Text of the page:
I was in a sandwich shop, and I heard some music in there that got me thinking, what's the PERFECT music to play in a sandwich shop? I mean, it's an interesting question for a variety of establishments, but there are a number of factors that play in, depending on the place.
1. familiarity. For some kinds of shops (most), familiar music is the best. Especially for drinking establishments, where people love to warm over the old rock classics. I can't remember the last time I went to a sit-down bar and DIDN'T hear Brown Eyed Girl. I'm told another kind of bar can't go a night without playing "Paradise City" by Guns'n'Roses (I usually avoid those kinds of places. In N. America, you're likely to run into a lot of cowboy hats and in Korea, you're likely to run into a lot of American G.I.'s there, which amounts to about the same: rednecks.) Bars like playing music people can sing along with. (Everybody say Hey Ya for Gnarls Barkley!)
Personally, I think sandwich shops and bars should play music that's familiar, like "Hey! I love this song" not familiar like, "Criminy! I swear Bob Marley's ghost is haunting me!" (My friend swears Bob Marley is the most overplayed artist in the world. I think it's a toss-up between Bob and the Beatles, with the winner depending on whether you count other artists covering the Beatles or not. Think about it. EVERY place that involves a beach and alcohol probably plays Bob once a night or more; a LARGE percentage of shops selling beach-ish goods [beach towels, tourist keychains, sandals, postcards] probably plays him once a day, and any establishment where patrons may purchase, use, or visit after using, ganga, will probably play Bob frequently, while any place far from a beach that has a beach/Carribean theme plays Marley on repeat. . . that's a flippin' lot!)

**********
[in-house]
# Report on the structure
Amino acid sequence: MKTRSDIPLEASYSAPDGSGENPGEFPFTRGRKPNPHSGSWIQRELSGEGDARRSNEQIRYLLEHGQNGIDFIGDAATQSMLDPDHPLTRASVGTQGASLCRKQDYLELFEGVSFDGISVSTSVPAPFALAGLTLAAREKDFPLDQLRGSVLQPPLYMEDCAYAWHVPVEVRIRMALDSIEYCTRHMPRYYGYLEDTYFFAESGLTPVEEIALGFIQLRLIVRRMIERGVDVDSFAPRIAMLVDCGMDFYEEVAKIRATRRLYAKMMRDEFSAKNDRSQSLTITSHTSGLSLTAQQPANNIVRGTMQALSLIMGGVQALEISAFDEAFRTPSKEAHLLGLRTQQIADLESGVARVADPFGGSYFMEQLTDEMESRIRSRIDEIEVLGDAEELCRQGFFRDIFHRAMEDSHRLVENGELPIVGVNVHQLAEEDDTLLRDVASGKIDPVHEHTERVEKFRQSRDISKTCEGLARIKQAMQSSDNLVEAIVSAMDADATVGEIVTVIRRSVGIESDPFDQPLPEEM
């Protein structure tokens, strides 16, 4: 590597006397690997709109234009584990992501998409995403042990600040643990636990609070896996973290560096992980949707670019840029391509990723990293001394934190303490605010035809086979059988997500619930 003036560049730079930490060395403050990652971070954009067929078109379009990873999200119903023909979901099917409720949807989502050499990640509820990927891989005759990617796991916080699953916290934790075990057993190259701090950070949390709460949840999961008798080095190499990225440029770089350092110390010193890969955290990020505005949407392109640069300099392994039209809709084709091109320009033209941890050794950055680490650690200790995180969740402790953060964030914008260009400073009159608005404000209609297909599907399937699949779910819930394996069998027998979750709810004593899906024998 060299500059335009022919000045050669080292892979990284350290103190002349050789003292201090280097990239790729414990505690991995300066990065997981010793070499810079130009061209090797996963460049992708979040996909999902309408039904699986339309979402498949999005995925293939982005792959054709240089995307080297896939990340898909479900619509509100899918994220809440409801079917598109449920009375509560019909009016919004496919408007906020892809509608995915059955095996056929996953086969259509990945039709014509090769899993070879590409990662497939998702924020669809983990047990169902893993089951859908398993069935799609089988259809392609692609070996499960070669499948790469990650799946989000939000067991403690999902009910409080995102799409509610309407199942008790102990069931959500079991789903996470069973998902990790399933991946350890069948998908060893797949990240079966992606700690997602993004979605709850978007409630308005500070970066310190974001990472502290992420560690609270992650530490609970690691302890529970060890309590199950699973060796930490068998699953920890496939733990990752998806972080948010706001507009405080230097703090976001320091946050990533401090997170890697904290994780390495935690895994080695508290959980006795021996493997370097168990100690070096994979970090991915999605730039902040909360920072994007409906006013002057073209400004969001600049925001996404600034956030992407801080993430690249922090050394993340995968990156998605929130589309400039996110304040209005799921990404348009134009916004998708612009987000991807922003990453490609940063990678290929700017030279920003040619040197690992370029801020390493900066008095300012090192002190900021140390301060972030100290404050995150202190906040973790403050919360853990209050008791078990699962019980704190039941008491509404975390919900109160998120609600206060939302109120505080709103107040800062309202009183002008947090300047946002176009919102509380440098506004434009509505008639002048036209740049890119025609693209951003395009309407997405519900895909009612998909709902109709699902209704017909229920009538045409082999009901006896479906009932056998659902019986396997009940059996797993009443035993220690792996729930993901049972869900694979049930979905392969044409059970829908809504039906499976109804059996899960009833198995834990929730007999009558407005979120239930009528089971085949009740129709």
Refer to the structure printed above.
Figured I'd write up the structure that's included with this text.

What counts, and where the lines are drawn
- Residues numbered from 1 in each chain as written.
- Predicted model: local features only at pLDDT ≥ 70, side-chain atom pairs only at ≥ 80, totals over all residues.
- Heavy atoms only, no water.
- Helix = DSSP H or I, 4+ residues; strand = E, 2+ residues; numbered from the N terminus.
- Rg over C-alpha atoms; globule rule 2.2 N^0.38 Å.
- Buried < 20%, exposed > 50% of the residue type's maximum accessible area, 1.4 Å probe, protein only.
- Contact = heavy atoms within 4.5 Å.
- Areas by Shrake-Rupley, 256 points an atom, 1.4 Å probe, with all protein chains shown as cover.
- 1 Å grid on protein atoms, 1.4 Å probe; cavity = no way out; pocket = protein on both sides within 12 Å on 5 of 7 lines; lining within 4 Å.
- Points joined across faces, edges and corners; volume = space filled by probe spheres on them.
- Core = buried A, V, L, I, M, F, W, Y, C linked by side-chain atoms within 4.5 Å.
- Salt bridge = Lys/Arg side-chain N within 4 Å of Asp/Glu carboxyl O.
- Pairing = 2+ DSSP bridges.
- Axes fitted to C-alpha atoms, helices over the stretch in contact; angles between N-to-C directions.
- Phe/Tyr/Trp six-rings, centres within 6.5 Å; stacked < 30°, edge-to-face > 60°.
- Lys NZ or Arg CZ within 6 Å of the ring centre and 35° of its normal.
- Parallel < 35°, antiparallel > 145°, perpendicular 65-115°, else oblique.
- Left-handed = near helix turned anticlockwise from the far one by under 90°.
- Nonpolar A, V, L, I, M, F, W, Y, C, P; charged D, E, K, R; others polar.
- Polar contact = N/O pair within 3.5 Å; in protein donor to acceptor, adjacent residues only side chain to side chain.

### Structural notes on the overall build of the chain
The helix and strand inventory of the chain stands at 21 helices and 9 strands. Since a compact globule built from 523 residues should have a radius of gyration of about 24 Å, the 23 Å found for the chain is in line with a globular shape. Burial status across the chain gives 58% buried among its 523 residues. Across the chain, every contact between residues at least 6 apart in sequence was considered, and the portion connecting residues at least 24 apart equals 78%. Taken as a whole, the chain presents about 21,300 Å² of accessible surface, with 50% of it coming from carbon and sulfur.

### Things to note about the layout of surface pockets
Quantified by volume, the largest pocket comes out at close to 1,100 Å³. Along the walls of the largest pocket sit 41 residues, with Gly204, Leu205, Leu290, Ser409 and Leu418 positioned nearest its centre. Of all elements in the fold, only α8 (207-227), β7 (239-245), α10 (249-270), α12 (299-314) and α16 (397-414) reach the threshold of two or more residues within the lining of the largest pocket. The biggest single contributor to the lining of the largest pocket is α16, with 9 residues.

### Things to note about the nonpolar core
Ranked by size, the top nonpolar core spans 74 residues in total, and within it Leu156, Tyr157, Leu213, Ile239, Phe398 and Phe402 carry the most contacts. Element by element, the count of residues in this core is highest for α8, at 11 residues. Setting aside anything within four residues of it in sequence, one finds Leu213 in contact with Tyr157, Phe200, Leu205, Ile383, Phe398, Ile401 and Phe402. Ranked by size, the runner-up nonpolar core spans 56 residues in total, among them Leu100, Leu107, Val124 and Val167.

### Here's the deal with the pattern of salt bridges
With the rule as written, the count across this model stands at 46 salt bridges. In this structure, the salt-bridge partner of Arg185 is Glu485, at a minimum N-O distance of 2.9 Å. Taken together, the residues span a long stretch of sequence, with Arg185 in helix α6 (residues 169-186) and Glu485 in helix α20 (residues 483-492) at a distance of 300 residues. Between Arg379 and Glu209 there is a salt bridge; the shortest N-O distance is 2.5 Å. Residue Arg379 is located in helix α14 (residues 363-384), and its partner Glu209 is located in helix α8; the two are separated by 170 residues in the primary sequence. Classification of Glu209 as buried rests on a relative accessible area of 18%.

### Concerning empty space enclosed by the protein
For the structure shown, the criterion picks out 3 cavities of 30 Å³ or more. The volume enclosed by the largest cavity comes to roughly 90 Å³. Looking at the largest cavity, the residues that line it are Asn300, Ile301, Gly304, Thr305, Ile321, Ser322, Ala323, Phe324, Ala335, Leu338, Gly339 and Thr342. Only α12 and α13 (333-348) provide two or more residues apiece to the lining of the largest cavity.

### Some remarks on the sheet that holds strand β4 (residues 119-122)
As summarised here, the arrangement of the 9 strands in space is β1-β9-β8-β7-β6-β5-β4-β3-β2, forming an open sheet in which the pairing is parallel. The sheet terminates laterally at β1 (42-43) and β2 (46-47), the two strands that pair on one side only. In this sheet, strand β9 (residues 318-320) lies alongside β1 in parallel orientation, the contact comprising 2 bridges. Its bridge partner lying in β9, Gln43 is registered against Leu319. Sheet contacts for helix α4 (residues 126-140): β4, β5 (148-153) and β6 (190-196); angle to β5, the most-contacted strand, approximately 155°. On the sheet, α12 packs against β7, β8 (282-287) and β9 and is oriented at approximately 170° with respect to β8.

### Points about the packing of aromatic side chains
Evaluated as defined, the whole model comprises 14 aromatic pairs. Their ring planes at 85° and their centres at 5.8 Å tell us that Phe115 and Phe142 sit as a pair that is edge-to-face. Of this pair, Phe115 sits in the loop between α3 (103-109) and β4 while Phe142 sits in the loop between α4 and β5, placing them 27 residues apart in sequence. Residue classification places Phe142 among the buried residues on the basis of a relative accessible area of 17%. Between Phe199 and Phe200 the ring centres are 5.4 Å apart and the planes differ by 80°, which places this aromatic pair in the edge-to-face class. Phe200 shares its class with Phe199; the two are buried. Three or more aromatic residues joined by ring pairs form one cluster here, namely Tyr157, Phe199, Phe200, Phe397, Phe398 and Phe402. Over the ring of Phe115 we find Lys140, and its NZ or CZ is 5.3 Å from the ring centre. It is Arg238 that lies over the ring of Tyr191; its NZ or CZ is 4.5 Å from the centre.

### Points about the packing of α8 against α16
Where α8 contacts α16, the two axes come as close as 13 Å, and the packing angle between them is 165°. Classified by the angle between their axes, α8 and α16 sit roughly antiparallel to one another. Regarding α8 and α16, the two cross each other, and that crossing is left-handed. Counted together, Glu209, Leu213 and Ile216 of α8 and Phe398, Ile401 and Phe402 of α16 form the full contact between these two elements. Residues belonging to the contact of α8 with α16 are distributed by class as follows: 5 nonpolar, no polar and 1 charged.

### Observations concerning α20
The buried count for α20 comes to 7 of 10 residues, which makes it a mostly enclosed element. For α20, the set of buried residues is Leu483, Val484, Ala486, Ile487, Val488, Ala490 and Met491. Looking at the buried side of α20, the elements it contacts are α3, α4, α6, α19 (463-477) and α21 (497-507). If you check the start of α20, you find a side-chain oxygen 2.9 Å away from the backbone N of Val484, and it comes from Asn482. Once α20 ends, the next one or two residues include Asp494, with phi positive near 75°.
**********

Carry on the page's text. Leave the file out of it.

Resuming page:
Tempo: tea rooms and wine bars ought to have slow tempoed music (they can even get away with classical), while coffee shops and sandwich shops want to have music that's upbeat but not too rousing. Bars want music that's more intense again -- hence the constant retreads of Doors, Stones and Green Day songs. (When will you ever hear THOSE three in a sentence together again, other than the sentence "Hey! I bet you can't use Doors, Stones and Green Day in a sentence that doesn't also include the words "conversely" "on the other hand" or "unlike" or "much much better than"!)
Volume: You want stuff that can fade into the background if you want it to be unobtrusive, but. . .
Quality: you also want it good enough that if somebody IS listening they aren't thinking "Cripes almighty! Boyz II Men? We either need to go, or somebody can just kill me now!" (Yes, I'm a hater now. Yes, this was my favourite song when I was twelve. I'll come clean.) I've been places where the music totally ruined the experience, and I've actually asked if we can go to a different place if the music is crappy enough -- music in a coffee shop is like cuisine during a trip: it'll make or break the experience. Nice beaches but bad food will dampen the entire vacation, turning it from an "it was great!" trip to an "It was great, but. . . " trip, and good coffee/food but atrocious music will make me never want to re-visit a coffee shop or restaurant. Like good/bad kimchi in a Korean restaurant. It's the final test of a place's awesomeousity. (I love inventating words.)
You certainly don't want to play something grating or unfamiliar unless you cater to a specific audience, or you're in a Portland coffee shop, so I've decided the perfect music for a sandwich shop or coffee shop is . . . Stevie Wonder. (For coffee shops, I will accept cool jazz as a good, but not original, choice.)
Who DOESN'T like Stevie Wonder? Nobody, that's who. He's not too loud, but if you DO listen, he's really good; he's happy and upbeat, but not cheesy (especially Songs in the Key of Life -- NOBODY else could have pulled off "Isn't She Lovely" -- a song about his newborn daughter, without rating eight out of ten or higher on the tripe scale). He's familiar, but not "Not this song again," familiar.
Marvin Gaye and Ella Fitzgerald are also good choices.
So the question of the day is,
What do you think is the best music for a coffee shop or diner?
Also: what type of establishment, as a rule, has the worst music (after country bars)? My vote goes to family restaurants like Swiss Chalet or ABC's.
(second one's funnier)